[aiph.org, 1 March 2021]

About new words

girl reading a book lying on the grass

Getting lost in books: the language of reading


by Kate Woodford

I was lucky enough to be on holiday last week and spent a portion of it with my nose in a book (=reading). It made me think about all the nice reading-related language that we use, and I thought I’d share it with you in today’s blog post. Continue reading “Getting lost in books: the language of reading”

New words – 30 August 2021

Jozef Durok / iStock Editorial / Getty Images Plus

aire noun [C]
UK /eəʳ/ US /er/
a piece of land where you are allowed to park a motorhome and stay overnight

Scotland appears to be making preparations for a boost in home tourism with plans for an ‘aires’ network for motorhomes. According to a recent BBC report, ‘Highland Council has proposed creating a site which would accommodate up to 30 vehicles in North Kessock on the Black Isle, near Inverness.’ … Black Isle councillor Gordon Adam said ‘that it was hoped that an aires system could be in place for next year’s tourist season’.
[practicalmotorhome.com, 17 November 2020]

flexcation noun [C]
a holiday during which parents spend some of the time working from home and children are homeschooled, allowing the family to go away for a longer period than usual and at a time of year when they would not normally be able to go on holiday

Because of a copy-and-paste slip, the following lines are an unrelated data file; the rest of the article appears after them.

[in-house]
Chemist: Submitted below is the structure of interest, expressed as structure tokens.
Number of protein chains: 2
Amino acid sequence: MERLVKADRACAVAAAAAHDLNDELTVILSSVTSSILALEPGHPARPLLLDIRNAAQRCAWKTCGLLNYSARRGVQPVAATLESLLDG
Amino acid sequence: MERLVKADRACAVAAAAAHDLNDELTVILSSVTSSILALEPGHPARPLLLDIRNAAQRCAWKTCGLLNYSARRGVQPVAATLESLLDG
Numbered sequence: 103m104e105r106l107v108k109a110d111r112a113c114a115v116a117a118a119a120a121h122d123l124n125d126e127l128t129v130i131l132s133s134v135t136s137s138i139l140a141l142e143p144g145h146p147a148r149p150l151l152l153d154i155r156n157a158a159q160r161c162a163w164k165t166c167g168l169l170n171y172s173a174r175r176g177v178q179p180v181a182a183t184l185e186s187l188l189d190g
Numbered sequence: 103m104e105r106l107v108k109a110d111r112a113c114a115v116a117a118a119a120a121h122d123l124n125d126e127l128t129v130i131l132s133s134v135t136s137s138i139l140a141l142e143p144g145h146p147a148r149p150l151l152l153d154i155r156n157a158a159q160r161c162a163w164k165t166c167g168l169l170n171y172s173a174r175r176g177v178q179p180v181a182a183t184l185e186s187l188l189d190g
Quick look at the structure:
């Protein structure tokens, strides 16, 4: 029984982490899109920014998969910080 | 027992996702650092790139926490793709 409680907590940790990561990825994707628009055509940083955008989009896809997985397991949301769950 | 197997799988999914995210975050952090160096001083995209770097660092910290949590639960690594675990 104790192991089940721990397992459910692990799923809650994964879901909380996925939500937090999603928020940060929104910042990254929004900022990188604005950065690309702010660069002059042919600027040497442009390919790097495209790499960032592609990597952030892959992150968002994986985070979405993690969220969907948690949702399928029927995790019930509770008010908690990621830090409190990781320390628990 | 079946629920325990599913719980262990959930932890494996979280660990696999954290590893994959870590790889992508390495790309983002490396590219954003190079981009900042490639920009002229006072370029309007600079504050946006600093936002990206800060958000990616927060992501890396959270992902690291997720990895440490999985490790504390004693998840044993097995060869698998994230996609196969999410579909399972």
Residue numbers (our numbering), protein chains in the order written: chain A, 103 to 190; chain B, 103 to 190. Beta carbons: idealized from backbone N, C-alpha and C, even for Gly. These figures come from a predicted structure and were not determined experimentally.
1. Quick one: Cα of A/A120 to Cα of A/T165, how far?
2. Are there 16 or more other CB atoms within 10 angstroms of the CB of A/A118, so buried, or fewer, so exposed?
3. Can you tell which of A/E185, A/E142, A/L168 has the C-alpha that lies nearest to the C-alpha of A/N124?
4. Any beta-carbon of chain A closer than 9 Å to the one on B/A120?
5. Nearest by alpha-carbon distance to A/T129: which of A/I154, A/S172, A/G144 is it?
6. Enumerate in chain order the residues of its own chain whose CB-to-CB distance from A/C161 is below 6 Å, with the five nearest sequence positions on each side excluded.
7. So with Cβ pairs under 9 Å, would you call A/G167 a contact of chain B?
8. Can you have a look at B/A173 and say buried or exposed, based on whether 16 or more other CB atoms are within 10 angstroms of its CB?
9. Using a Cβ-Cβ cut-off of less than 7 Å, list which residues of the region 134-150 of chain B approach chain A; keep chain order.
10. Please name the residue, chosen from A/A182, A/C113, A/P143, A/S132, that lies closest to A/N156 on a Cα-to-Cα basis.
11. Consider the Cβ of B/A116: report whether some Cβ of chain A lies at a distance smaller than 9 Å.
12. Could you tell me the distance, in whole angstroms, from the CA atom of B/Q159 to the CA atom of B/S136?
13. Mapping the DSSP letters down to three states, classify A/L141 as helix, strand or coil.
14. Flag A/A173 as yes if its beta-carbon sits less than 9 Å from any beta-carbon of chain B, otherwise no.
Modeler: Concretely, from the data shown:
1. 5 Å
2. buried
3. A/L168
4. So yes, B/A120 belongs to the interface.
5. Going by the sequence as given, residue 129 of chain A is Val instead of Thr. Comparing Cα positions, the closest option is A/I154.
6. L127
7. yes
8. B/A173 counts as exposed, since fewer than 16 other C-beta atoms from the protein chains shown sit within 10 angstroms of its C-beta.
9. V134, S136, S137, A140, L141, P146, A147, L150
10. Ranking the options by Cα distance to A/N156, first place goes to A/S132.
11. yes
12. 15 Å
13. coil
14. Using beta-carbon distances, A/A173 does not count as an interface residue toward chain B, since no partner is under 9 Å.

With more flexible work and school arrangements, many families are embracing the idea of a “flexcation,” an emerging travel trend where families rent vacation homes later in August, September and October, consider staying longer to mix work and play, and often get better value in high-demand locales. If you missed out on your annual summer trip this year or just want to take advantage of more flexibility in your work and school routine, consider a flexcation.
[vrbo.com, 2021]

midweeker noun [C]
UK /ˌmɪdˈwiːkəʳ/ US /ˌmɪdˈwiːkɚ/
a short holiday taken during the week and not over a weekend

You need three elements for a romantic midweeker: a lovely hotel, ideally with foodie credentials, perhaps a spa; interesting independent shops; and beautiful scenery. The Cotswolds, basically. The quintessential posh weekender returns to its slower self between Monday and Thursday.
[www.telegraph.co.uk, 15 July 2021]

About new words

Delusions of grandeur: talking about people with a high opinion of themselves

Deagreez/iStock/Getty Images Plus

by Liz Walter